Faculty and Student Scholarship and Professional Activities
Lindsey Centrella (2017) presented at the COPLAC Undergraduate Conference at Ramapo College in New Jersey. Dr. Emily Robins Sharpe served as her Faculty Mentor.
Senior English major Autumn Minery is collaborating with University of Maine student and first-ever recipient of the Davis Foundation $10,000 Projects for Peace grant winner Bryer Sousa to ghostwrite the memoir of Holocaust survivor Max Slabotzky. Read the story at West End News.
Mylynda Gill (2016) is completing her semester as an archival intern at the Dartmouth College library. She plans to attend graduate school in Fall 2016.
Kirsti Sandy, Professor and Chair of English, recently published three creative nonfiction essays. “Jill, Driving” appeared in the fall 2015 issue of Foliate Oak Magazine, “Nellie and Nadia” in the spring 2016 issue of Dirty Chai Magazine, and “Man on the Floor” in the spring 2016 issue ofNatural Bridge: A Journal of Contemporary Literature.
Katelyn Franco’s nonfiction essay “I Will Pay You to Fire Me: My Life as a Custodian” appears in the February 2016 issue of Furious Gazelle.
Hersch Rothmel (BA American Studies 2015) has published “Comparing and Contrasting the Intercollegiate Careers of Charlie Scott and the Fab Five or The Intersection of Space, Place, and Race within the White Imaginary” in the most recent edition of Metamorphosis, the COPLAC Undergraduate Research Journal. The essay examines the impact of the white imaginary on male Black athletes in two different historical and geo-political spaces.
Mylynda Gill, from Troy, New Hampshire, a double major in Psychology and English, has been spending time during her senior year digitizing historical documents in the Mason library archives. Read more about Mylynda’s experience in “Keene State Senior Launches Her Career Working with Historical Documents” published in the October 2015 edition of Keene State College’s online magazine Newsline.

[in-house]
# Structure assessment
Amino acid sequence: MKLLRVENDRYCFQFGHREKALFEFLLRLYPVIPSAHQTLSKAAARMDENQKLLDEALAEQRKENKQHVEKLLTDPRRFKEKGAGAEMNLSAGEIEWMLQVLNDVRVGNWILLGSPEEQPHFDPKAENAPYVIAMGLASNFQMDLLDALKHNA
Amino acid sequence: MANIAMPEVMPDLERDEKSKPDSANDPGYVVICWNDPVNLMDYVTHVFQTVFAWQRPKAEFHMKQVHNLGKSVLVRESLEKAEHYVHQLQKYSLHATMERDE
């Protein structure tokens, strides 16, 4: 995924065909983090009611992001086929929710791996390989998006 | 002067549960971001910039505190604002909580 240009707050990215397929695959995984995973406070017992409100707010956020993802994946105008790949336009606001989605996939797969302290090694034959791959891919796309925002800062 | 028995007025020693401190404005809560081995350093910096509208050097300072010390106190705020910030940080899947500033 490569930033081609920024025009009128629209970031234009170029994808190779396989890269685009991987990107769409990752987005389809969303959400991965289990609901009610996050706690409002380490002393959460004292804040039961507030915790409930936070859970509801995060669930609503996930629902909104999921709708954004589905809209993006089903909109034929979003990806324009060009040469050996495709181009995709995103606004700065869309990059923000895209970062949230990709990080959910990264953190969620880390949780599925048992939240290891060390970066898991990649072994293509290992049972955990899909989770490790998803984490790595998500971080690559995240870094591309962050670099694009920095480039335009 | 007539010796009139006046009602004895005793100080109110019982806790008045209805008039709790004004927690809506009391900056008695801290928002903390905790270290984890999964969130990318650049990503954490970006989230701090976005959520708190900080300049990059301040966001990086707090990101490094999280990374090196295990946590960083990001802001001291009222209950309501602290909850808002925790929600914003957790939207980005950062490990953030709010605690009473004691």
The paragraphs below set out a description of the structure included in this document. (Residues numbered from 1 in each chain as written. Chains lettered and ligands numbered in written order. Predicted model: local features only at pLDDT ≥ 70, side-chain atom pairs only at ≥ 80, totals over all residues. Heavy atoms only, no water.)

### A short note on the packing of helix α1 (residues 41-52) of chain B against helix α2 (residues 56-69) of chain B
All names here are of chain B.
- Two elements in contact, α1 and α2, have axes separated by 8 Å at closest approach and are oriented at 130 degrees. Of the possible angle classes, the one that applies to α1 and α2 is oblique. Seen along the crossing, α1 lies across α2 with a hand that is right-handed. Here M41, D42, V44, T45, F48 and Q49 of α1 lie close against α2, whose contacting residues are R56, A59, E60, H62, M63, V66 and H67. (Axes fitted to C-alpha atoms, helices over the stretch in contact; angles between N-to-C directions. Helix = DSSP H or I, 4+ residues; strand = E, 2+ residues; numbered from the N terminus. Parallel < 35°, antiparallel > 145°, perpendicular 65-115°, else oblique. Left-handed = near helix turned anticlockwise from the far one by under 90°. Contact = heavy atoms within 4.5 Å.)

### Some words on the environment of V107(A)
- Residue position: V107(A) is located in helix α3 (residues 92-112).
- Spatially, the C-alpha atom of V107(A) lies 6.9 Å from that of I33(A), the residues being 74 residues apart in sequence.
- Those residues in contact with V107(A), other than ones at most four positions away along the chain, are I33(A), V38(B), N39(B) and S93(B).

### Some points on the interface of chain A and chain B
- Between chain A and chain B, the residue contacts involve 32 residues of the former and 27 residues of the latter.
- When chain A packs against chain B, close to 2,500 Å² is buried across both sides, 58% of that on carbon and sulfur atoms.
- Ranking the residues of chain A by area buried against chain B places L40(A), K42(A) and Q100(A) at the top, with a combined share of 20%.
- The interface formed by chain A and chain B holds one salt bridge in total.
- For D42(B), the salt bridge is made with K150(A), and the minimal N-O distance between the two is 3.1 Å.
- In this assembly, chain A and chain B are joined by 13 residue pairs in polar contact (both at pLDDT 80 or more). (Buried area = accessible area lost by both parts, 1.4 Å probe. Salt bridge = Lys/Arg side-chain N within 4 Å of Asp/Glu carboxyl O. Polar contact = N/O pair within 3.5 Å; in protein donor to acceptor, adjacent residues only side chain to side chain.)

Professor Emeritus William Sullivan has published a book with illustrations by Leslie Tryon: Loon Lore in Poetry and Prose (Grove Street-Bauhan 2015). Before retiring to Westerly, Rhode Island, Sullivan taught English and American Studies, and was co-founder of the American Studies program. He is the co-author of Modern American Poetry 1865 – 1950, and Containing Multitudes, Poetry in the United States Since 1950; and has co-produced two documentary films: Here I am, Send Me: The Journey of Jonathan Daniels and The Farmer is the Man. Sullivan’s poetry has appeared in numerous print and online publications, including Origami Poems, Providence Journal, Westerly Sun, Wickford Art Association: Poetry and Art, and Babel Fruit. Leslie Tryon is the author and illustrator of the Albert series of books for children, including the ALA Notable book, Albert’s Alphabet. She also illustrated a series written by Alma Flor Ada, and created drawings for the Los Angeles Times as well as numerous children’s magazines.
Jeff Friedman and Dzvinia Orlowsky have been awarded a National Endowment for the Arts Literature Translation Fellowship for their translations of poems by Polish poet Mieczslaw Jastrun. Their translation of Jastrun’s book Memorials was published by Dialogos Press in August 2014.
English and history major Brian Watson’s paper, “Crossdressing, Crossculture: Conceptions and Perceptions of Crossdressing in Golden Age Madrid and Tudor-Stuart London,” was published in the fall 2012 issue of Metamorphosis, the Council on Public Liberal Arts College’s (COPLAC) online journal of undergraduate research. Brian’s research explores the issue of crossdressing as a common ground on which to explore Spanish and English cultures in three dimensions: on the stage, as a literary device, and as done by actual historical figures. Brian is currently enrolled in a PhD program in Intellectual and Cultural History at Drew University in NJ.
John T. “Jack” Hitchner will be reading from his new book of poems, Pieces of Life Between Latitudes (Encircle Publications), at 2 PM on Saturday April 18th at Toadstool Books in Keene. Jack is adjunct professor of English at Keene State College and the author of the poetry chapbooks Not Far From Here and Seasons and Shadows, the short story collection How Far Away, How Near, and the novel The Acolyte.